Kelvin Passfield – Leaving Pukapuka for Suwarrow 22 July 2021
So it is Thursday, and we have been going for 3 full days now, doing our best to sail to Suwarrow after leaving Pukapuka at 5pm on Monday. Winds have been mainly East-South East, making a direct course impossible. We tacked north east for about the first 24 hrs, so we could eventually steer a more direct course. Sine then we have made steady progress to the south. Just before midday today we have had a favorable wind shift to East North East, allowing us to steer a course direct for Suwarrow. If this keeps up, we hope to make Suwarrow by midday Friday.
I have dubbed this part of the voyage the oe oe, kaikai, mimi, moemoe cruise, because that is what our days and nights consist of. Three hour watches for the oe oe, and if that coincides with the time before meals, it is also the kaikai. Then, if you are sensible, it is mimi time before heading down to the bunk for the moemoe.
Kaikai has been a highlight, with a diverse range of meals being produced, including creamy pasta dishes and curries. Not a lot in the way of greens, and we are patiently waiting for our last bunch of bananas from Pukapuka to ripen. The kuru has been a nice addition to the menu as well. Teina made an interesting cake out of some over-ripe kuru, very sweet despite no added sugar. But the highlight on the menu so far for this sector has been the pumpkin soup. Kura and Shane made a great dish out of the pumpkin from our Re Ipukarea Society keyhole garden. This was picked over a month ago, and has lasted very well till now. A great vegetable to take with you on a long voyage.
We are almost finished the niu (drinking nuts from Pukapuka as well. It has been a welcome and healthy drink, and the best thing is the empties can be thrown over the side. Not like the coke bottle we saw floating past on the first day out of Pukapuka, covered in barnacles and headed for the Pacific Garbage Patch floating in the ocean. We did tow our plastic trawl yesterday morning, catching some tiny fish and some more “fore the wind” sailors we commonly call blue bottles. Again no obvious microplastics, but we did catch some coffee grinds, reminding us to be more careful not to wash dishes, throw anything, and especially not to flush the toilet, when the plastic trawl is out.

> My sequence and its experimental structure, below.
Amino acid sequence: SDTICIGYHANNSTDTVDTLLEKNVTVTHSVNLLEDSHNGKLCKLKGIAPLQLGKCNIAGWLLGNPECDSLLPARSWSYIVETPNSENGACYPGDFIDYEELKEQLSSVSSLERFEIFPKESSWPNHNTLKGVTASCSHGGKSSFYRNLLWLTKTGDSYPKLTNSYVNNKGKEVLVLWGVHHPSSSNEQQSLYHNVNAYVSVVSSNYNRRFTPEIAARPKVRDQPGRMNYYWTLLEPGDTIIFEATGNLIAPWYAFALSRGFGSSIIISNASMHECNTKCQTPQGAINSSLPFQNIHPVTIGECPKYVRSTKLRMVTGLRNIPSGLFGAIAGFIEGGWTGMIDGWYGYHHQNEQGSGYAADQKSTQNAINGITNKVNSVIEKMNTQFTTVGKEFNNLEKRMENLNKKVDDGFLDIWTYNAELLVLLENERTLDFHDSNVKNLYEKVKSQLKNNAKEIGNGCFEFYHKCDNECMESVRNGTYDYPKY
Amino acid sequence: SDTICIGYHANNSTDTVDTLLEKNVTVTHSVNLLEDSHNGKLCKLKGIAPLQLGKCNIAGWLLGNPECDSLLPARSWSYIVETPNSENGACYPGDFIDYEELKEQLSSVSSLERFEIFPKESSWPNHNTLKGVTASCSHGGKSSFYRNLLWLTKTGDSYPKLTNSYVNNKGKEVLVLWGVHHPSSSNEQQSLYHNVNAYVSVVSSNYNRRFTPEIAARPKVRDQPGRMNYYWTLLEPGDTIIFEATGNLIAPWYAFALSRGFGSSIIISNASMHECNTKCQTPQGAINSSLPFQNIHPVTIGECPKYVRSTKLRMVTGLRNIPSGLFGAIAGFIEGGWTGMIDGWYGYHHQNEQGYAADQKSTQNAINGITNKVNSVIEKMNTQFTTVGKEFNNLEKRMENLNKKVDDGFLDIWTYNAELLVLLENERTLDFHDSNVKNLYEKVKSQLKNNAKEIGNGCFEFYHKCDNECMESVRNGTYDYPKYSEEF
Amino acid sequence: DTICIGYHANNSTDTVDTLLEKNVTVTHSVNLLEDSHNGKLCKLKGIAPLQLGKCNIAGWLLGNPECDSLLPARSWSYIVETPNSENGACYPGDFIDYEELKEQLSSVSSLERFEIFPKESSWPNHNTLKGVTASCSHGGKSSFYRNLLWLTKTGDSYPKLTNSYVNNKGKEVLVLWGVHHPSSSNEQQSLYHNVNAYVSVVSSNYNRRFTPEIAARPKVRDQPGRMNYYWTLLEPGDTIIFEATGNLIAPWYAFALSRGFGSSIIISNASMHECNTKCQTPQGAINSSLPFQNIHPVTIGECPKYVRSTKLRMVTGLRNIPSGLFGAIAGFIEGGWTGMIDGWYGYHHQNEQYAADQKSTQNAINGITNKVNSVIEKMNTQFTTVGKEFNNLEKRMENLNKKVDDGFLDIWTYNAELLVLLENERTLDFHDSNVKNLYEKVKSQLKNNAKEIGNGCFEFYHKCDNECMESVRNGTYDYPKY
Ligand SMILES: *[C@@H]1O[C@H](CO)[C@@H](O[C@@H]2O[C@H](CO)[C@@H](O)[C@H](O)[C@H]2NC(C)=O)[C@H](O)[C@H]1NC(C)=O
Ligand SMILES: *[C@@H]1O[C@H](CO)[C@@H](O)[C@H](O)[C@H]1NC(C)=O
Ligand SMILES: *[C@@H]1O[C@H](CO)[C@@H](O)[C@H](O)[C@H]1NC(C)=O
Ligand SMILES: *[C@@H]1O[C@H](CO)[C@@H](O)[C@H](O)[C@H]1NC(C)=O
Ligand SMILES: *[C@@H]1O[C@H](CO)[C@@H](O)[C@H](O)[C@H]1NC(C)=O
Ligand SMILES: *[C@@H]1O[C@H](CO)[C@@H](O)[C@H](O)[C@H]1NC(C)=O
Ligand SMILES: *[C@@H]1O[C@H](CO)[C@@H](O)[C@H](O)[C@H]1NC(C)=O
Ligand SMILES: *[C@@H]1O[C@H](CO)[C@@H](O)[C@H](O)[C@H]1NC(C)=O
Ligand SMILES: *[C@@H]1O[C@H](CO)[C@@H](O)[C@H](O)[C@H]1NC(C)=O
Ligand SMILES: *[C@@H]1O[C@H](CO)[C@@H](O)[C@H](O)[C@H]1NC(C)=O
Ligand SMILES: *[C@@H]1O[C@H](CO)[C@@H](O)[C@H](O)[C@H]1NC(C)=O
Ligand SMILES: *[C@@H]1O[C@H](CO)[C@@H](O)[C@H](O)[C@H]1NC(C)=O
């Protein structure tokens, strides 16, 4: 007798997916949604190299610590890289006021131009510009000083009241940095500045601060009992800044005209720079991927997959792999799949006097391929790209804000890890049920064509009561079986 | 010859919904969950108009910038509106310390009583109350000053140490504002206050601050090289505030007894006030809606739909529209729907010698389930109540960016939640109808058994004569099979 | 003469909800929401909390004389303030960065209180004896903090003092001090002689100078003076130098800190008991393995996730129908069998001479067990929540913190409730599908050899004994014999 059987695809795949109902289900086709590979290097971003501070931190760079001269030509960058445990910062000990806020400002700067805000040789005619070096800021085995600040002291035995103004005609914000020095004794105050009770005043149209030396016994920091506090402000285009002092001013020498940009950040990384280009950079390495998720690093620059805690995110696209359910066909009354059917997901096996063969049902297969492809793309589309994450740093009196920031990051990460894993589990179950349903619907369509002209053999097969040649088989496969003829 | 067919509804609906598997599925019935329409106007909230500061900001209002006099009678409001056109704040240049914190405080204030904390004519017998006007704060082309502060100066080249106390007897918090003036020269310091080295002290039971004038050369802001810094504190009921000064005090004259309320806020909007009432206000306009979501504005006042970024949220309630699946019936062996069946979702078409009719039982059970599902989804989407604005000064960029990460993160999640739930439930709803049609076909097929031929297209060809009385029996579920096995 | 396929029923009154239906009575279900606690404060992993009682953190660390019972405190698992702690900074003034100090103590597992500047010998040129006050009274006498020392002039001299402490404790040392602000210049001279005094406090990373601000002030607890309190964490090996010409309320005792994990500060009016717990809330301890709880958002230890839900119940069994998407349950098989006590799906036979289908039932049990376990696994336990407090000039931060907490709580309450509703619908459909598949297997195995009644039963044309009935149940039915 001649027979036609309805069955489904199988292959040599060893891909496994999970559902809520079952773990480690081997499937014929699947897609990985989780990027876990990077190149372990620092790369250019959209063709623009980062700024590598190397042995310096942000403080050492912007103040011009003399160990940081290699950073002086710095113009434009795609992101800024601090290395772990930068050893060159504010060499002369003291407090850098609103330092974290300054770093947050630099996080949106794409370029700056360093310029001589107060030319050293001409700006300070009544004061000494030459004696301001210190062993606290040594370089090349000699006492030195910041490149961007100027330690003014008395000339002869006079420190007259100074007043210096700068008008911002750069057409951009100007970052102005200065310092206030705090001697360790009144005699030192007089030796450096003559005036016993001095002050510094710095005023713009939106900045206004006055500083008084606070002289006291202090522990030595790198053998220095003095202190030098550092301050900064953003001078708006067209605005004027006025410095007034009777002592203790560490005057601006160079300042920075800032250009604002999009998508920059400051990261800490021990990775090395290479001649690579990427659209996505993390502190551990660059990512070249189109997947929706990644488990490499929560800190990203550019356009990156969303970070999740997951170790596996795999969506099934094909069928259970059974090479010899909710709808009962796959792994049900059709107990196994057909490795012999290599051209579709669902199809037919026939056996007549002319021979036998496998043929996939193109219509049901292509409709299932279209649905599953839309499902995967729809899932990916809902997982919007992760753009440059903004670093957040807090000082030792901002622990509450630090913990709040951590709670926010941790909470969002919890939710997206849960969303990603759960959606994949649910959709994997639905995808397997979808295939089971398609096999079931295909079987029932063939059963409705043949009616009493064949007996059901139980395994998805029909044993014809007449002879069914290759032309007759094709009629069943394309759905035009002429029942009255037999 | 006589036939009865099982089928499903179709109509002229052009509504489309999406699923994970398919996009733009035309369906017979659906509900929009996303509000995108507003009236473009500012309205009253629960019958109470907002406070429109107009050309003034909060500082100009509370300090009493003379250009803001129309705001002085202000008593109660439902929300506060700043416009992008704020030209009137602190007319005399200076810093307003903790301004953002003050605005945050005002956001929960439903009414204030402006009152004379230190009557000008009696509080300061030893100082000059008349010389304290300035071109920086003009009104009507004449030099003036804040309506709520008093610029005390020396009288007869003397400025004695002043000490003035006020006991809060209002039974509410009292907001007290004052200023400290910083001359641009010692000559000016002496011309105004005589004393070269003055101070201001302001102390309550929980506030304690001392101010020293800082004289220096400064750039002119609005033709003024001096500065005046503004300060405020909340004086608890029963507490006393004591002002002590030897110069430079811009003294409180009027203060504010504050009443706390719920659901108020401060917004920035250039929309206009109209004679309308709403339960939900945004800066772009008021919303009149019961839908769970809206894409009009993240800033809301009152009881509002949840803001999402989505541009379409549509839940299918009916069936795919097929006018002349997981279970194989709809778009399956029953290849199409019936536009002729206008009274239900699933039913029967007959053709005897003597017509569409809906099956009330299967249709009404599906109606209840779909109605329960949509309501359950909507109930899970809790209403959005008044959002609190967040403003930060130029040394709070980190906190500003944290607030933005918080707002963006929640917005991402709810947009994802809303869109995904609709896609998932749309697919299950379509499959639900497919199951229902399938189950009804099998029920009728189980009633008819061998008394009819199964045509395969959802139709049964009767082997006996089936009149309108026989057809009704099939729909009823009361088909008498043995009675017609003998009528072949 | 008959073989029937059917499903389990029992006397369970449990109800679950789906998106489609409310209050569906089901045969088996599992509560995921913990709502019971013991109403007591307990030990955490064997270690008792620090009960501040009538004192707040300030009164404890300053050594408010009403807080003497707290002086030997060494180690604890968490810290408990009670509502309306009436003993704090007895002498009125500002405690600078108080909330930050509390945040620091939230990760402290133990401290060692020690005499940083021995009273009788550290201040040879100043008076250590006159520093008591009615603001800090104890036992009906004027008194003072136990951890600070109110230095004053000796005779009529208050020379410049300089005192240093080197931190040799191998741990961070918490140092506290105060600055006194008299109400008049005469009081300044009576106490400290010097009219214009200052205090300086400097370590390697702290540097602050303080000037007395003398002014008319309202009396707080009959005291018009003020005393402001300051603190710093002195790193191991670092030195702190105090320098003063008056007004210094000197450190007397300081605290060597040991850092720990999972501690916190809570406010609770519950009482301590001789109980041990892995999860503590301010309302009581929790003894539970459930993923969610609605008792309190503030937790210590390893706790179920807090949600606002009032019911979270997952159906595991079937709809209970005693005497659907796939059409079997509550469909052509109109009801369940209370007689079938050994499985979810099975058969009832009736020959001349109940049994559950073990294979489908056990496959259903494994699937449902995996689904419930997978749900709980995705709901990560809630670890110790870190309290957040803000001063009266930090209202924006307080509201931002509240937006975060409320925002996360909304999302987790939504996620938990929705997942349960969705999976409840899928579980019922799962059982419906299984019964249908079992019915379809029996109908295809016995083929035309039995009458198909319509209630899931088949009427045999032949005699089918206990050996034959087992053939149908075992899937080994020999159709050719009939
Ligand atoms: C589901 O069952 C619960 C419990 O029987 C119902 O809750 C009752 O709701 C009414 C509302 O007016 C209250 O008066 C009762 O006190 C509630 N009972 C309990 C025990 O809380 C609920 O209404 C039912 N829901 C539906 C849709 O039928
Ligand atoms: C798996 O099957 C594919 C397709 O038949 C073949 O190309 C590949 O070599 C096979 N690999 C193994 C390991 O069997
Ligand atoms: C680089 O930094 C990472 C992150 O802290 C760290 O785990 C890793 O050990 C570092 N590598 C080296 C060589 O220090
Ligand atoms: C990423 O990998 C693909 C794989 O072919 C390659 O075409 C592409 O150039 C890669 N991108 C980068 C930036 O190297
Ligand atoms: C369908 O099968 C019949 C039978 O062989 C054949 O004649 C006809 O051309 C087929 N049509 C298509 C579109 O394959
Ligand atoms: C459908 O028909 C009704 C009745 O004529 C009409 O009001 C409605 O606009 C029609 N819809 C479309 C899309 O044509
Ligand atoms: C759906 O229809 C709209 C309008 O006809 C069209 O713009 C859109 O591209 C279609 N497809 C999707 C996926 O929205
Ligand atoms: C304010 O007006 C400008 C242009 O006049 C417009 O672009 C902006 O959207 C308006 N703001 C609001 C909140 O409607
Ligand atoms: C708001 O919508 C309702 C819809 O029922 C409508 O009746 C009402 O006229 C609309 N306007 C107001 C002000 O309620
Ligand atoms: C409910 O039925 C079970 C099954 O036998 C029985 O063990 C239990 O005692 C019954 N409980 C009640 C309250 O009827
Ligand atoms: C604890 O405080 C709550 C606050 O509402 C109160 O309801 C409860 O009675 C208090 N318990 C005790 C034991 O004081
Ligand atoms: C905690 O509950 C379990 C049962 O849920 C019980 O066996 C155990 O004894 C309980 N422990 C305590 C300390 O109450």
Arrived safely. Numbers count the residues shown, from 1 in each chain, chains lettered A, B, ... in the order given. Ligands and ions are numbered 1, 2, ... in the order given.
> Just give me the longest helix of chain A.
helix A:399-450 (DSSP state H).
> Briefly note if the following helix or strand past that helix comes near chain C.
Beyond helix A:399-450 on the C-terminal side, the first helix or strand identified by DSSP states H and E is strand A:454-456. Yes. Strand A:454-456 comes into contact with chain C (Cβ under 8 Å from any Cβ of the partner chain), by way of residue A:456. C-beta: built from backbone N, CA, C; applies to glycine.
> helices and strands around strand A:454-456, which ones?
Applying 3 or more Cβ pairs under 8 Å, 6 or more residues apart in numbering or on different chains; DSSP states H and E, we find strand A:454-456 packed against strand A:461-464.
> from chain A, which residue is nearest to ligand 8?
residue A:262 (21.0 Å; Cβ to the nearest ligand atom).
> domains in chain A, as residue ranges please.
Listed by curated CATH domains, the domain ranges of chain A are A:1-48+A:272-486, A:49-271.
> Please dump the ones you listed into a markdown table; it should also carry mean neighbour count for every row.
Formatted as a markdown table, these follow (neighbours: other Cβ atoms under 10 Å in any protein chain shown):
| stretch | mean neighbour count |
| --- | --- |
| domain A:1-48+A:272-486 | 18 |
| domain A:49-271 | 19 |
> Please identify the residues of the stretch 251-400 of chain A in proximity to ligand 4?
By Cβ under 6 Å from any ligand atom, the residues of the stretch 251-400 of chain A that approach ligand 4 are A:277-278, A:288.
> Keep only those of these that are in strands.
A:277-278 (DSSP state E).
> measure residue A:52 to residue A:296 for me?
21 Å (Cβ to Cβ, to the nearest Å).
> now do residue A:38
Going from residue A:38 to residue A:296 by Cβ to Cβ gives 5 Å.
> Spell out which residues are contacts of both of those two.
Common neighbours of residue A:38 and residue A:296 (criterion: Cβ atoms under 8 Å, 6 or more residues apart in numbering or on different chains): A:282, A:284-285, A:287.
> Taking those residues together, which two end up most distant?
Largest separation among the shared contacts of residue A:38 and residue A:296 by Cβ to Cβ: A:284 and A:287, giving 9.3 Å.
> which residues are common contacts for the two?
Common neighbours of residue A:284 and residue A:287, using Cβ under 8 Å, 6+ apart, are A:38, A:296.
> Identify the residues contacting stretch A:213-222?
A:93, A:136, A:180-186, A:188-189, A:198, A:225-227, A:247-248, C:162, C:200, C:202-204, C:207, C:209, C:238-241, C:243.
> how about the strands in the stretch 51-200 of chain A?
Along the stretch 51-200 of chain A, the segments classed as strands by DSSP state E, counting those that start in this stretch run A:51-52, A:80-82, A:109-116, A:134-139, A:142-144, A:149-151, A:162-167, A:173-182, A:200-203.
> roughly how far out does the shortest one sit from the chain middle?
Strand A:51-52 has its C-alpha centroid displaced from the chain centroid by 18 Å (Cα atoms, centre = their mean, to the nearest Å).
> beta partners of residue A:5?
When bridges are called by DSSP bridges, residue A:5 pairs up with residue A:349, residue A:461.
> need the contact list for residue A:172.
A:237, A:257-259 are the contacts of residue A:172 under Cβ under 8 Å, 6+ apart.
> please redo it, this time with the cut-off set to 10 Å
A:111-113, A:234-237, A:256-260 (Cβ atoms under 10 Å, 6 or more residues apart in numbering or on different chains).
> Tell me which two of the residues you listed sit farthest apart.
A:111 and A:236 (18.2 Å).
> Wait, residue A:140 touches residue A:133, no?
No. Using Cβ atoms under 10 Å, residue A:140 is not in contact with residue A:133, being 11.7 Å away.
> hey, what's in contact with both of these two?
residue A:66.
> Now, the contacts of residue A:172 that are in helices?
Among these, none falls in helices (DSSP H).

Today has been a blessed day starting with the early morning shift at 3 am to 6 am, where we had a beautiful almost full moon, good winds and lovely ukulele music from Kura practicing her new song about the moonlight. We also had two rain squalls already, allowing a freshwater shower or rinse off for those of us above deck at the right time, as well as the favourable wind change sending us towards our destination.
When we do get to Suwarrow, it will be straight to Motu Tou for the TIS team of Alanna and myself and some helpers, to set up camp and start our 3 nights of rat trapping. We are all hoping that we don’t catch any, so that we can confirm our 2018 eradication project has been successful.
Here’s hoping the next blog will be sent from Suwarrow. Ka kite apopo.